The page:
To Go: 98
1. The Reader — Bernhard Schlink
2. The Pilot’s Wife — Anita Shreve
I guess my vacation from books lasted a little longer than I expected. December really tuckered me out, so after speed-reading The Reader, I took a little more than a week off (feeling guilty the whole time) before I finished The Pilot’s Wife. It’s a book I had wanted to read for a while; I’d see it in Chapters almost every time I went, but never remembered to buy it when I had money. It was one of the books my dad bought me from the Barrie public library’s used book store, and it cost 50 cents. Score!
When Kathryn Lyons opens her door to Robert Hart in the middle of the night, all the pilot’s union rep has to do is say her name for her to know what happened: her pilot husband, Jack, died in the air just off the coast of Ireland. While she and her daughter Mattie try to deal with their grief, surrounded by a maelstrom of publicity, Kathryn starts to learn, one startling blow at a time, that her husband was leading a double life, causing her to question how well we can ever truly know another person.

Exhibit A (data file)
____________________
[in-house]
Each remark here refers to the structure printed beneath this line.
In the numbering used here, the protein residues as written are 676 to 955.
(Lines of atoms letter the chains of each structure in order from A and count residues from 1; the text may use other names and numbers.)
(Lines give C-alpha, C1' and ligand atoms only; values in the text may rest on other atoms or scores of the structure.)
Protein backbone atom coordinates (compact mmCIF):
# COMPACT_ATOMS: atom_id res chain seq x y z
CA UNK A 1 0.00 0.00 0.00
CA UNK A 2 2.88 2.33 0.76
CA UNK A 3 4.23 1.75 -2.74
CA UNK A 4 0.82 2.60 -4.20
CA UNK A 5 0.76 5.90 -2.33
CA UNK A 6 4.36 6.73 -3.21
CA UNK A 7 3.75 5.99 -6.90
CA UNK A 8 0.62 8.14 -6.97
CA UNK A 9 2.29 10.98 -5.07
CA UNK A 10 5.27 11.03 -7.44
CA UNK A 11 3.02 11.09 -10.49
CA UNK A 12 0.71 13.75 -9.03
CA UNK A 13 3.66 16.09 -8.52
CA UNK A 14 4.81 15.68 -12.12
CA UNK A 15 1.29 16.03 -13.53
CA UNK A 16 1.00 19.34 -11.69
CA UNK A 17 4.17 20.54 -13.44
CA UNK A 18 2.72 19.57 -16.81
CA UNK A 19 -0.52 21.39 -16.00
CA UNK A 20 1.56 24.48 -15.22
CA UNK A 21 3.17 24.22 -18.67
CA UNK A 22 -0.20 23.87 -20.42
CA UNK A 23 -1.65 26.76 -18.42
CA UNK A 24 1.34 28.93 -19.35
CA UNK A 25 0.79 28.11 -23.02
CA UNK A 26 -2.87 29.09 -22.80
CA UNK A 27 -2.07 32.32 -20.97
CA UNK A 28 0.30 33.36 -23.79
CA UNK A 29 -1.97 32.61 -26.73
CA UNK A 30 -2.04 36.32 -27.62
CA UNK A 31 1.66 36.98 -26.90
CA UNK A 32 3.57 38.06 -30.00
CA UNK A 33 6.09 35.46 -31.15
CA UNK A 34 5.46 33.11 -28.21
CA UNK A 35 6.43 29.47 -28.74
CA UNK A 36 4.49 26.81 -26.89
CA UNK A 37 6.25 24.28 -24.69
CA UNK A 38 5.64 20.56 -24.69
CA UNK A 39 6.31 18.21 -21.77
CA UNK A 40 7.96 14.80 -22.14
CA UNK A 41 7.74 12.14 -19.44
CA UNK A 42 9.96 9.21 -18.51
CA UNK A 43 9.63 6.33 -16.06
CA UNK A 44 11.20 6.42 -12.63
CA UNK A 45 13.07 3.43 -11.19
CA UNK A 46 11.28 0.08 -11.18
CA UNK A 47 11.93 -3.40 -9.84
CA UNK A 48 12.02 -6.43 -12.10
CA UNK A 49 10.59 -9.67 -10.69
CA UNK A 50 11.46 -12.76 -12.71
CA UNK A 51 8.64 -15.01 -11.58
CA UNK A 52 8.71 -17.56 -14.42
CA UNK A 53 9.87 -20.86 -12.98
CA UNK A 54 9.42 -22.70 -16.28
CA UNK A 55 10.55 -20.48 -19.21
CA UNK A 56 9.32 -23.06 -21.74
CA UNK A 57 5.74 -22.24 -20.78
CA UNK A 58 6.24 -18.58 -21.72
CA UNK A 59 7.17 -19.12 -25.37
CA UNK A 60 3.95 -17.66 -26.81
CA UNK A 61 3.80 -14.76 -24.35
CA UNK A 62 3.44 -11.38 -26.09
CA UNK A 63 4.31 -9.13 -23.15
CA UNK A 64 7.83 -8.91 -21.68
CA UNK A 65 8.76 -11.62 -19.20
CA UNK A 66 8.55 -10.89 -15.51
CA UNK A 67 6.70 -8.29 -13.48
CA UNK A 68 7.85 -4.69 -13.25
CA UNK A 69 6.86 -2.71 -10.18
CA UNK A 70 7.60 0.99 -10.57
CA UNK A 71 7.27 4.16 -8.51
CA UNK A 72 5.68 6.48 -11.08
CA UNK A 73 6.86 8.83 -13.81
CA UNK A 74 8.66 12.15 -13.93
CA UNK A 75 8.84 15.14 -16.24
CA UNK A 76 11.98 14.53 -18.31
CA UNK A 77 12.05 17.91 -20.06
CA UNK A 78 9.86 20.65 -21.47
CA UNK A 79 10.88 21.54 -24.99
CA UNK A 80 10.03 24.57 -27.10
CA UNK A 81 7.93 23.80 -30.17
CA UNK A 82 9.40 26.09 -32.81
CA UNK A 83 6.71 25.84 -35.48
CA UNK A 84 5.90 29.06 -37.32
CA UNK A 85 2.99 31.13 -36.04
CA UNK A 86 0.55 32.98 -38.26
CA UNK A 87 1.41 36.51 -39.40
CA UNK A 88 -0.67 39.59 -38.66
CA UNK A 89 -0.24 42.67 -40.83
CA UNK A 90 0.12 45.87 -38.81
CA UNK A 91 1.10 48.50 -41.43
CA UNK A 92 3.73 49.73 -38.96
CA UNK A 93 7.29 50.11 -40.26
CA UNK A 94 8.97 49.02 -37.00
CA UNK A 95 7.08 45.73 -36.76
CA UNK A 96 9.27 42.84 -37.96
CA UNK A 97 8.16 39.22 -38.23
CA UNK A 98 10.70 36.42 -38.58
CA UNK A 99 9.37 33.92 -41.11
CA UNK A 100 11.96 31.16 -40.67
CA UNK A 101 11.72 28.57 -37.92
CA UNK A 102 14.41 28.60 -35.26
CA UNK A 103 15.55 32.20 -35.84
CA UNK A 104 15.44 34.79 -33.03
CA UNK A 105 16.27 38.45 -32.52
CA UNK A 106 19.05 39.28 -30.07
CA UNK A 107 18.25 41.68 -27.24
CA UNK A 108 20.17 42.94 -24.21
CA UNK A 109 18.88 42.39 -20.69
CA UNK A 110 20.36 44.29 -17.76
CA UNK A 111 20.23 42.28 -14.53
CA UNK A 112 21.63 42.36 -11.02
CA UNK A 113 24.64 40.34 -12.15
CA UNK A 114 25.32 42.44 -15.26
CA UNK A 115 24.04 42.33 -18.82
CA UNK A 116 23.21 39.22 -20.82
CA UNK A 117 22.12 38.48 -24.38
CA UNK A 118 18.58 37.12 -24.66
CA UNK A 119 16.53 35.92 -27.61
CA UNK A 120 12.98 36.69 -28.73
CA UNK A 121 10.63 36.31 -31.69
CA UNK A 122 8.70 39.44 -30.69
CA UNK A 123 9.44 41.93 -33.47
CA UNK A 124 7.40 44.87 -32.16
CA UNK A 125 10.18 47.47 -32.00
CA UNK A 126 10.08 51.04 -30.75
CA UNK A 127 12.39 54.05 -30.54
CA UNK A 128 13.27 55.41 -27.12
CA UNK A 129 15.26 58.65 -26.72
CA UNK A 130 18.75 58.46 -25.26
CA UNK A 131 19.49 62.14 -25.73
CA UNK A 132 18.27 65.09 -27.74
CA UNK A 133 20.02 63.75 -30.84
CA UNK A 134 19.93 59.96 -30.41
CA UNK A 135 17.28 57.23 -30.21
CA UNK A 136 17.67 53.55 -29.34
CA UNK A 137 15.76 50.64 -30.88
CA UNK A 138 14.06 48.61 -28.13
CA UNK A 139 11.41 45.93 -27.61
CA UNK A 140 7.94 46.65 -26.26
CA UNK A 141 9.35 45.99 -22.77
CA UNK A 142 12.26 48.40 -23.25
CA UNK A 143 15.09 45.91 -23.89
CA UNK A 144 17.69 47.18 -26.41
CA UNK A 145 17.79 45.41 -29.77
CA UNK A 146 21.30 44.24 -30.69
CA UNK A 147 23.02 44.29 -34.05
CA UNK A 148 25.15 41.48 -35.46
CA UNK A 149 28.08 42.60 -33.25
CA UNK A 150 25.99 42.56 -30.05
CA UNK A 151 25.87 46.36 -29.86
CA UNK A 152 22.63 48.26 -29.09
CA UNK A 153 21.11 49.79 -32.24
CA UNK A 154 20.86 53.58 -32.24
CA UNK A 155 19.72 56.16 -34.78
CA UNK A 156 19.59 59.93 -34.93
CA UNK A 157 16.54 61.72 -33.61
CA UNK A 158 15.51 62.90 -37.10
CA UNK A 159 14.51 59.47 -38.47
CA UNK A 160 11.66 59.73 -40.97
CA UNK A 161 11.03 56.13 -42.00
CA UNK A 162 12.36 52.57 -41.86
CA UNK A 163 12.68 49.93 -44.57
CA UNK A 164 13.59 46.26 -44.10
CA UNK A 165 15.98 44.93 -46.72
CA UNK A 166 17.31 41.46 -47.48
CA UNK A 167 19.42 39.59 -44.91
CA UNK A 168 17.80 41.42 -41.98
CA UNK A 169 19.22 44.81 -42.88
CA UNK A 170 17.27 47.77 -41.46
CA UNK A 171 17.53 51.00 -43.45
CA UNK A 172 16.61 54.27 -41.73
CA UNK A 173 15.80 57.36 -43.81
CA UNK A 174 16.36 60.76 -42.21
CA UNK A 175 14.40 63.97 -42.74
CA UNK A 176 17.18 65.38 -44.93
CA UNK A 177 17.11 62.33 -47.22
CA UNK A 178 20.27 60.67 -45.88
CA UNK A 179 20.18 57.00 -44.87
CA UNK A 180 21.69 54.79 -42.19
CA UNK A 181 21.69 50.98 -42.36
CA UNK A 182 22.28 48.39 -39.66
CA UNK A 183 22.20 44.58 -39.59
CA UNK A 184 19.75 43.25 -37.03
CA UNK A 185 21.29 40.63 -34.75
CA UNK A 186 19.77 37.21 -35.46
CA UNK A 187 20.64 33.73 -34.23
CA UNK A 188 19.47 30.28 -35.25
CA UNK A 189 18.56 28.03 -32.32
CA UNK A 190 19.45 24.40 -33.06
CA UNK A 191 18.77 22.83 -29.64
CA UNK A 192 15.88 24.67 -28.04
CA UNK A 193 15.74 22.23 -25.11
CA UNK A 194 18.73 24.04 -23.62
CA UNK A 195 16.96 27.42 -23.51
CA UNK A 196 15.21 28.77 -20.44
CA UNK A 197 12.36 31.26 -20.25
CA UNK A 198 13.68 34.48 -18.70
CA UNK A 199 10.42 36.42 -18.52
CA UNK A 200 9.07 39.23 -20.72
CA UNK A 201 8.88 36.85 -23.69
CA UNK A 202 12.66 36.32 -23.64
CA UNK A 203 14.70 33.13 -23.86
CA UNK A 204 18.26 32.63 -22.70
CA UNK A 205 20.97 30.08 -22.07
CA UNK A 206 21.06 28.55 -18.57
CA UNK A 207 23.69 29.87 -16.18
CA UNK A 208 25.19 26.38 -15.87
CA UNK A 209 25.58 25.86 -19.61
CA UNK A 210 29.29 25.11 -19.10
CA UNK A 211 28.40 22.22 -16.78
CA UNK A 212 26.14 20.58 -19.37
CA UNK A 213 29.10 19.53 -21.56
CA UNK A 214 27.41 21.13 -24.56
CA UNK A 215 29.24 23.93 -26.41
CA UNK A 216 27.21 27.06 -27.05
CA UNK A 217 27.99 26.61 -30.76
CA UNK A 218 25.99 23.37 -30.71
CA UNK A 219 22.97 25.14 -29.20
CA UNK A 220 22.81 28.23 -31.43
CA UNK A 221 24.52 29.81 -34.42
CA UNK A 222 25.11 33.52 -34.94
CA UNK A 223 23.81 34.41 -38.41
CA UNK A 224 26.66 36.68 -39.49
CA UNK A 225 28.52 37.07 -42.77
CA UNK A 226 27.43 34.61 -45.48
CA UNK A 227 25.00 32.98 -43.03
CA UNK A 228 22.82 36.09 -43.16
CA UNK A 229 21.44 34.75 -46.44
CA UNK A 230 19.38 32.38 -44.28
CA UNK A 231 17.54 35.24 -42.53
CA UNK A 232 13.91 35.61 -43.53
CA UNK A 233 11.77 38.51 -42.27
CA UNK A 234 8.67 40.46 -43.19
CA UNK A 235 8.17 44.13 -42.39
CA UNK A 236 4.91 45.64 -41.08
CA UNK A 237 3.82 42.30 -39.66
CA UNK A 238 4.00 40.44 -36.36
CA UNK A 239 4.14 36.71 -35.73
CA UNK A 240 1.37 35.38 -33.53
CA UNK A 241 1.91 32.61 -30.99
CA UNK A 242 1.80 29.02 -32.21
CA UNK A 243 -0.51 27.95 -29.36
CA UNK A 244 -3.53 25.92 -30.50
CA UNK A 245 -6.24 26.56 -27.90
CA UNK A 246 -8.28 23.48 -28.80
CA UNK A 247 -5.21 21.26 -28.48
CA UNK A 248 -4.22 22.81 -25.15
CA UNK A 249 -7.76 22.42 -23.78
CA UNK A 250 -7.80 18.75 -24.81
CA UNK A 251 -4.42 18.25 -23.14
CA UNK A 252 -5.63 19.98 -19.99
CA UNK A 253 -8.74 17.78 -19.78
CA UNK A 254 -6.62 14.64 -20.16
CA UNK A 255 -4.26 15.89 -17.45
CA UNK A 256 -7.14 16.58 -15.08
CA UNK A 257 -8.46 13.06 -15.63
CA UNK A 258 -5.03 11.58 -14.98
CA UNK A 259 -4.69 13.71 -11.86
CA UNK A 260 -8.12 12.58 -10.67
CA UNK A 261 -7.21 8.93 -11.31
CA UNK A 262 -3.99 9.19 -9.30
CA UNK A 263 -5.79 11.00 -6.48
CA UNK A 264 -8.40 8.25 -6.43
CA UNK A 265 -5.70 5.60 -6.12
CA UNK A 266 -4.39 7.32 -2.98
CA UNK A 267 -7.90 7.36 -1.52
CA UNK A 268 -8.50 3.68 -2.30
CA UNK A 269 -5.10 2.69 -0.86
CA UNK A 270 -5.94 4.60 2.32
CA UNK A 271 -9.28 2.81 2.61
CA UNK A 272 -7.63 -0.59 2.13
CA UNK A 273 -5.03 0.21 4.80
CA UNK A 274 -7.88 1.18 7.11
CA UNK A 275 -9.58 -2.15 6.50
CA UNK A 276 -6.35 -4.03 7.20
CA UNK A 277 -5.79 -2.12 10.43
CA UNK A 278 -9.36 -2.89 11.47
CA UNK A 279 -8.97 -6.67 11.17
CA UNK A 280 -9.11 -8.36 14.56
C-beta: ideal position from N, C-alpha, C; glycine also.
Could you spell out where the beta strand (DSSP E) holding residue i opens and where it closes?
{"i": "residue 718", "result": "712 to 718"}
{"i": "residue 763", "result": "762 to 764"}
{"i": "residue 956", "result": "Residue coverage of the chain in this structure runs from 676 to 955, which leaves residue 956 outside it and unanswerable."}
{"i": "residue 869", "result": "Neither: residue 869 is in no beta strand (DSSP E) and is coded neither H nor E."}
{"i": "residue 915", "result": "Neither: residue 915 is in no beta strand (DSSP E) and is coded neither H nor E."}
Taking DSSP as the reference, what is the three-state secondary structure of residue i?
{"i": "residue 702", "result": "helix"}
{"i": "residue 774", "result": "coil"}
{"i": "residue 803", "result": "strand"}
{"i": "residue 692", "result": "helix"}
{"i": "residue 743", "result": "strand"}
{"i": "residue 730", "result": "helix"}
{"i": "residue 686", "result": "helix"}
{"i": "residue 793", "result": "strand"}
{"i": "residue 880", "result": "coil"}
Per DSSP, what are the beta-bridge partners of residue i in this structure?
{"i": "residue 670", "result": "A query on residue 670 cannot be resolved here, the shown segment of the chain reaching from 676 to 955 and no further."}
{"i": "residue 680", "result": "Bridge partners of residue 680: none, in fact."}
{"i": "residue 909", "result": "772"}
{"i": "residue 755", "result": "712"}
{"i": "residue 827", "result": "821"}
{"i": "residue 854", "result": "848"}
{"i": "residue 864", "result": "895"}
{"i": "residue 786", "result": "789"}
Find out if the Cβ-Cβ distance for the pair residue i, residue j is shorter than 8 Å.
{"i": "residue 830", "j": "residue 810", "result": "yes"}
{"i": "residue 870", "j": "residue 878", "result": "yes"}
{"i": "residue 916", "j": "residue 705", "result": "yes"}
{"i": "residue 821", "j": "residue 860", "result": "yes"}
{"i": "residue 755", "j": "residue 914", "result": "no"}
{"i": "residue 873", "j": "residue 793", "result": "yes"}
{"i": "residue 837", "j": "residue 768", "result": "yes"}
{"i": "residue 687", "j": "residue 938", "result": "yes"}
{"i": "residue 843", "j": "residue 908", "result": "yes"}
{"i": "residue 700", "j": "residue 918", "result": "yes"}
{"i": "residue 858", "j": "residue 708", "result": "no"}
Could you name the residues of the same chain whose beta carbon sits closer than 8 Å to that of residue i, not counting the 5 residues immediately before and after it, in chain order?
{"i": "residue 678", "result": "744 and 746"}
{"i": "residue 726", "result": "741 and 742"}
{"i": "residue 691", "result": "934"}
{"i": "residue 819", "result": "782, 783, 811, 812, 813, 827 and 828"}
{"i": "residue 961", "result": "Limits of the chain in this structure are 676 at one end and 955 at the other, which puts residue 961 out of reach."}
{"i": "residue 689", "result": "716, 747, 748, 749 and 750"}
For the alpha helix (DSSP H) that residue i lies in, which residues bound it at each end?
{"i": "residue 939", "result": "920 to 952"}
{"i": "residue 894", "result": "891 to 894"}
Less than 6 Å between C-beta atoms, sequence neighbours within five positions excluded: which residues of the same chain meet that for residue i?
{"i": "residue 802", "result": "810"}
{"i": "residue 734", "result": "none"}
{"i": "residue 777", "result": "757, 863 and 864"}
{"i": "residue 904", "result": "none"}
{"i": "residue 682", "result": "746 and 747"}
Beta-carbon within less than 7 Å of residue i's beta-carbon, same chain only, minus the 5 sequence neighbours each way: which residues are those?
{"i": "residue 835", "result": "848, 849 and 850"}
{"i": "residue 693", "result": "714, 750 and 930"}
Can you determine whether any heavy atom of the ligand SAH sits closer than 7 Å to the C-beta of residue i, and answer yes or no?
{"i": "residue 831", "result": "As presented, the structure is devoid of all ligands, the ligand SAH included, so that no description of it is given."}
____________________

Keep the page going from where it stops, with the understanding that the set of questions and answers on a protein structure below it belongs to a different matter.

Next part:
The Pilot’s Wife was a compelling read from start to finish, both as a portrait of grief and as a mystery. The pacing was fantastic; Shreve dropped hints throughout the story, enough to make the reader wonder without the outcome being too obvious. The final reveal about Jack’s double life comes like a smack in the face — bold, and utterly surprising.
Kathryn and Mattie’s attempts to come to terms with Jack’s death present two very different ways of coping with the loss of a loved one. Kathryn’s sorrow is vivid and flares up at the slightest provocation, whereas Mattie completely shuts herself off, cocooning herself in sleep and a surly disposition. The rare occasions that Mattie lets her mother in make for some of the novel’s sweetest scenes.
What disturbed me, more than anything, was the novel’s central question, asked by Kathryn’s daughter: how well can we know another person? Kathryn makes an observation that people are like puzzles, which you start to put together as you learn more about them. As her friendship develops with Robert Hart, she starts inserting mental “puzzle pieces” into her perception of him. But, as the book suggests, people are puzzles that can never be finished, because we never reveal all of ourselves. There will always be a missing corner piece.
Next book: Anna Karenina — Leo Tolstoy. That’s right, I’m about to conquer the beast. Nice and early in the year, so it won’t set me too far behind.